The interests and perspectives of indigenous peoples were not taken into account in the framing of the MDGs. The recent adoption of the Declaration of the Rights of Indigenous Peoples now gives them a means of defending the rights of their communities and nations from development that might work against their interests.

Progress toward realizing the MDGs has fallen far short. It is important that our elected officials hear from us as we encourage them to give priority to the tasks invovled in eliminating the scourge of extreme poverty so that we can enjoy a secure and healthy world. Reducing world poverty should be seen as being in the interest of every nation and person. If that seems somehow friviolous to more immediate national concerns, we invite you to give some time to reflecting on the idea so that it can speak to you about its merits.

Governments have their momentary interests in mind as they negotiate international agreements. But these motivations can be quite different from the aspirations of the people who are themselves living in the difficult situations the MDGs attempt to resolve. This disparity can result in action plans (or "in-action" plans) that fail to make a useful difference. This problem was acknowledged formally In 1992 at UN Earth Summit in Rio de Janero. This was the first time that it was recognized that Civil Society should have a voice as "stakeholders" in...the world.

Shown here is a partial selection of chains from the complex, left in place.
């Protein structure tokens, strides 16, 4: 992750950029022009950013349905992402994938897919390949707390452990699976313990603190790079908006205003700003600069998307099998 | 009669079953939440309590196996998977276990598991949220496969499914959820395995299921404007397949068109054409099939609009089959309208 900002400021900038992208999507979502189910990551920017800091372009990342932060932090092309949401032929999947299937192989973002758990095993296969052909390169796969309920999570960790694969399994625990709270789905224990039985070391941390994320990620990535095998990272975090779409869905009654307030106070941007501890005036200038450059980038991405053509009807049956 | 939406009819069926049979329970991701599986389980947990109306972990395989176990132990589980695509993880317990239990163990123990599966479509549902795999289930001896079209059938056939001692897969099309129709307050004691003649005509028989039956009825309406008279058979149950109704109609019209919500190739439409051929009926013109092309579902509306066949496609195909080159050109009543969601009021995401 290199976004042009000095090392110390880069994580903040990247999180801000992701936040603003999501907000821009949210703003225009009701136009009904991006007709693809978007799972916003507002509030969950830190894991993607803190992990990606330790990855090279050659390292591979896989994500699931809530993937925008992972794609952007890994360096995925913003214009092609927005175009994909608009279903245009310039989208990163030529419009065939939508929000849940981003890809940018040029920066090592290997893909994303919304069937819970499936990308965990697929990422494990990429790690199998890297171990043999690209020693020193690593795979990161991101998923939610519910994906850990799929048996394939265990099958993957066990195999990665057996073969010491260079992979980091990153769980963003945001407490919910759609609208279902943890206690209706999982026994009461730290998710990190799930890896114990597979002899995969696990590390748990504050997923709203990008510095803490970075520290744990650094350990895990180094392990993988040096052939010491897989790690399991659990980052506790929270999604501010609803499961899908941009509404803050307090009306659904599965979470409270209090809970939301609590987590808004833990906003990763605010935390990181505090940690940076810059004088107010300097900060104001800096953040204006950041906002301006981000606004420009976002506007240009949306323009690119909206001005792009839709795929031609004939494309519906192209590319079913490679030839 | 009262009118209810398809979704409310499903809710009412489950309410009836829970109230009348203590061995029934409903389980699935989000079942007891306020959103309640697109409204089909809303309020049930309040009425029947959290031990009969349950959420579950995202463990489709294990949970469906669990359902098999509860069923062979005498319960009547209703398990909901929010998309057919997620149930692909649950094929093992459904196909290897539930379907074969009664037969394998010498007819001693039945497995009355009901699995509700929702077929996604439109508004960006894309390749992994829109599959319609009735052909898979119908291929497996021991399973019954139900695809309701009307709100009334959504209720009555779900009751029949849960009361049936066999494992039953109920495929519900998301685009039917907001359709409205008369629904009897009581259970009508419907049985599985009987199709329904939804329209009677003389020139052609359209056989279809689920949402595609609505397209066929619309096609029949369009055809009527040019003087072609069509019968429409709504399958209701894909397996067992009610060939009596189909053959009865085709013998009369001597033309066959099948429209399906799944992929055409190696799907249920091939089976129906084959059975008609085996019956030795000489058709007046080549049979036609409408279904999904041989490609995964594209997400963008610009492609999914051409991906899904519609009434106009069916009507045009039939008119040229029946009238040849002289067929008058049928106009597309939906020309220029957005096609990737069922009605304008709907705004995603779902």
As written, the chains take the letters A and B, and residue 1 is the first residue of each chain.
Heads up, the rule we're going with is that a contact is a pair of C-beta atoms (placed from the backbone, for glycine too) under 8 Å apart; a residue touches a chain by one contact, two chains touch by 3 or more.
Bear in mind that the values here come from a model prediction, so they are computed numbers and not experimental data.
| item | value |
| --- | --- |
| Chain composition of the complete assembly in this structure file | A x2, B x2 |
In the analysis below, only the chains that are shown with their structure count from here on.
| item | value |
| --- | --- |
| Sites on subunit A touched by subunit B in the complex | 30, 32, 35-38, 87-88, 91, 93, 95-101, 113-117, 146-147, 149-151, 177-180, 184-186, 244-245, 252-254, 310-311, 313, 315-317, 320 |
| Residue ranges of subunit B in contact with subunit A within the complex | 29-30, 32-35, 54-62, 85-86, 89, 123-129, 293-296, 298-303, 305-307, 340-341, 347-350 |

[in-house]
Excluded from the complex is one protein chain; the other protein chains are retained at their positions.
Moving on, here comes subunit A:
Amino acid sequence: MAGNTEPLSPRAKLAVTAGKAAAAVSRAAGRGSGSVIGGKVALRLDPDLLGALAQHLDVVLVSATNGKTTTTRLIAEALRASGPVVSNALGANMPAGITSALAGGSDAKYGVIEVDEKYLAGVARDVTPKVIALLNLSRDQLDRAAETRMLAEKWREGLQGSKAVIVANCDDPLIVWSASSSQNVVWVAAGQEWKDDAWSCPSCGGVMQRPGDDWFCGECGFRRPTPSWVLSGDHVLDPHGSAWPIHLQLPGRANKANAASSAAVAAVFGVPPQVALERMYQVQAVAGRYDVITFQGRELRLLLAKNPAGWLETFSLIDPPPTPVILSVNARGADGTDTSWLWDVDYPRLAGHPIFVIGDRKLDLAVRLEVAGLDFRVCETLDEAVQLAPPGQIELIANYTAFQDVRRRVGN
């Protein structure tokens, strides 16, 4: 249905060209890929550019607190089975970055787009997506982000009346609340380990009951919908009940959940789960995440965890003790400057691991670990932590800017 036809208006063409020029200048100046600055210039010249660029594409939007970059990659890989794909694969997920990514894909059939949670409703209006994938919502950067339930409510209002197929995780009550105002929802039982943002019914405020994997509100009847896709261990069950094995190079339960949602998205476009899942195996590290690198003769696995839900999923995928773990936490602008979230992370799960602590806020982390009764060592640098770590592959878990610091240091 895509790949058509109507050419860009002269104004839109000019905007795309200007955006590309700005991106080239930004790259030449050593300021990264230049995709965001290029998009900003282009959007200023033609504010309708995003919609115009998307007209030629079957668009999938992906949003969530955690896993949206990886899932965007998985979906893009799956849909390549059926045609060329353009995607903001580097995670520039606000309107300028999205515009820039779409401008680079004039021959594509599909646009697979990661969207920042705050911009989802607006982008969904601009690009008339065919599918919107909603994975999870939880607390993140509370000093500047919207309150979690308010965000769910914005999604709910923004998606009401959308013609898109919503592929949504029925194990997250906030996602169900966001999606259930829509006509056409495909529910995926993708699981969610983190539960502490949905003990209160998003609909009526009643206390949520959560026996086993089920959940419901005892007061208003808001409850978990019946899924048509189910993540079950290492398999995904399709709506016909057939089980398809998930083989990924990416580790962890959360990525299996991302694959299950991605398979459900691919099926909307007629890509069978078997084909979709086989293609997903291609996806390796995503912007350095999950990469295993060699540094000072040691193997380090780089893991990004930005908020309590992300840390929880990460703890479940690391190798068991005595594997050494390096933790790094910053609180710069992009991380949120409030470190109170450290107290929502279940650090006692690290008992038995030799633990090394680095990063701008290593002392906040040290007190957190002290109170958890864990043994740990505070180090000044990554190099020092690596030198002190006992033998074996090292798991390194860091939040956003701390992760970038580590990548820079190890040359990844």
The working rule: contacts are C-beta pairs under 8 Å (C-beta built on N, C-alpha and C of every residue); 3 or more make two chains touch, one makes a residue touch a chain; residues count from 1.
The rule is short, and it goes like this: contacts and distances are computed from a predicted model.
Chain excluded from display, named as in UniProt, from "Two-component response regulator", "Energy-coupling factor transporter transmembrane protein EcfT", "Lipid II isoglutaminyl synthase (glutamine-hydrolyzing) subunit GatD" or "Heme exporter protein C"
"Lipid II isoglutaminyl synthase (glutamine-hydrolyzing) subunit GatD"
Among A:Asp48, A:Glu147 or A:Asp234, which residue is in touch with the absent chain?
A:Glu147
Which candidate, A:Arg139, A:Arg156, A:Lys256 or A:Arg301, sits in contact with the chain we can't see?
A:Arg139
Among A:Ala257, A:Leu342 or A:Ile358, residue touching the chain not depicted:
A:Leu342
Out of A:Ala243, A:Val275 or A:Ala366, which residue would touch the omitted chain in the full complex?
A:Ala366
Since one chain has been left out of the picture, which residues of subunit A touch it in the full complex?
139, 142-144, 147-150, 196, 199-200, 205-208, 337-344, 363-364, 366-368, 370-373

From that summit the Commission on Sustainable Development (CSD)was created. Meeting annually at the New York Headquarters of the United Nations, civil society representatives are able to dialog with governments toward bringing their perspectives to bear on the framing of plans to meet the MDGs and other issues of concern. The Sexto Sol Center for Community Action has participated in two sessions of the CSD.